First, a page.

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Evaluating surface coatings to reduce bone cement adhesion to point of care 3D printed molds in the intraoperative setting

October 04, 2022

Journal: 3D Printing in Medicine

Who: Brian Beitler, Gregory R. Roytman, Grace Parmer, Steven M. Tommasini, and Daniel H. Wiznia

Overview: Polymethyl methacrylate, or “bone cement,” can be used intraoperatively to replace damaged or diseased bone and to deliver local antibiotics. 3D printed molds allow surgeons to form personalized and custom shapes with bone cement. One factor hindering the clinical utility of anatomically accurate 3D printed molds is that cured bone cement can be difficult to remove due to the strong adhesion between the mold and the bone cement. One way to reduce the adhesion between the 3D printed mold and the cured bone cement is with the use of a surface coating, such as a lubricant. This study sought to determine the optimal surface coating to prevent bone cement adhesion to 3D printed molds that could be utilized within a sterile operating room environment.

Hemispheric molds were 3D printed using a stereolithography printer. The molds were coated with four sterile surface coatings available in most operating theatres (light mineral oil, bacitracin ointment, lubricating jelly, and ultrasound transmission gel). Polymethyl methacrylate with tobramycin antibiotic was mixed and poured into the molds. The amount of force needed to “push out” the cured bone cement from the molds was measured to determine the efficacy of each surface coating. Tukey’s multiple comparison test was performed to compare the results of the pushout test.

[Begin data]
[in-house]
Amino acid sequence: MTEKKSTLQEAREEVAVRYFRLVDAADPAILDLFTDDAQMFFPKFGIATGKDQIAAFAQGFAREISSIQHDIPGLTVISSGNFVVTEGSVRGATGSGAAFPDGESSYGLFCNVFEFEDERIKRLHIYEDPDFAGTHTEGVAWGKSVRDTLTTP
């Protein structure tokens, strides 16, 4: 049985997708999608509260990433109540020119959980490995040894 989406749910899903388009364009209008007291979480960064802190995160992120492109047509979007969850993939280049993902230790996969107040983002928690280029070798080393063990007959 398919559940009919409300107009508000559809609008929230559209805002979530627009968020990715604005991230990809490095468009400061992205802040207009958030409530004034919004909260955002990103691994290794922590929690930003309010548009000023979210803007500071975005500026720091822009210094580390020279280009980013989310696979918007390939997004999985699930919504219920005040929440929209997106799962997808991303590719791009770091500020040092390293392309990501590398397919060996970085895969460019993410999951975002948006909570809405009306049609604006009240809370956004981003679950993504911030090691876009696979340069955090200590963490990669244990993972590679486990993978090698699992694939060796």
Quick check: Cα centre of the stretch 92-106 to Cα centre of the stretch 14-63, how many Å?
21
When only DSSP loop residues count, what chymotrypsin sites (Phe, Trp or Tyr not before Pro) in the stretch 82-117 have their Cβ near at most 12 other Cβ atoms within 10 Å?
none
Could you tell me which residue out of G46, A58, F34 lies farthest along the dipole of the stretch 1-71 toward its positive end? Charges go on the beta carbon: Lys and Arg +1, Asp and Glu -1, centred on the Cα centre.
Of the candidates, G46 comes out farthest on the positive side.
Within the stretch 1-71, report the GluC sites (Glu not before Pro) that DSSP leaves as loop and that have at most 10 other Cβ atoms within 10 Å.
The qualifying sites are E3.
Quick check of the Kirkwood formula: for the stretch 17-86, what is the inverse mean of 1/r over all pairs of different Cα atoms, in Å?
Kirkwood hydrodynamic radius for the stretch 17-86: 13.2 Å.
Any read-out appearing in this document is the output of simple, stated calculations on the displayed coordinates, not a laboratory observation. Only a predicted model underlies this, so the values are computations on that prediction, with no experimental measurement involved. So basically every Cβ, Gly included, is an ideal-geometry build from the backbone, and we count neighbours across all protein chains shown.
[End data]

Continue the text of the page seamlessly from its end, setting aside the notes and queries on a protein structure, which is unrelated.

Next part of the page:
The average pushout force for the surface coatings, in increasing order, were as follows (mean ± standard deviation) --- bacitracin ointment: 9.10 ± 6.68 N, mineral oil: 104.93 ± 69.92 N, lubricating jelly: 147.76 ± 63.77 N, control group: 339.31 ± 305.20 N, ultrasound transmission gel 474.11 ± 94.77 N. Only the bacitracin ointment required significantly less pushout force than the control (p = 0.0123).

The bacitracin ointment was the most effective surface coating, allowing the bone cement to be pushed out of the mold using the least amount of force. In addition, the low standard deviation speaks to the reliability of the bacitracin ointment to reduce mold adhesion compared to the other surface coatings. Given its efficacy as well as its ubiquitous presence in the hospital operating room setting, bacitracin ointment is an excellent choice to prevent adhesion between bone cement and 3D printed molds intraoperatively.

Submitted by John Ready on October 04, 2022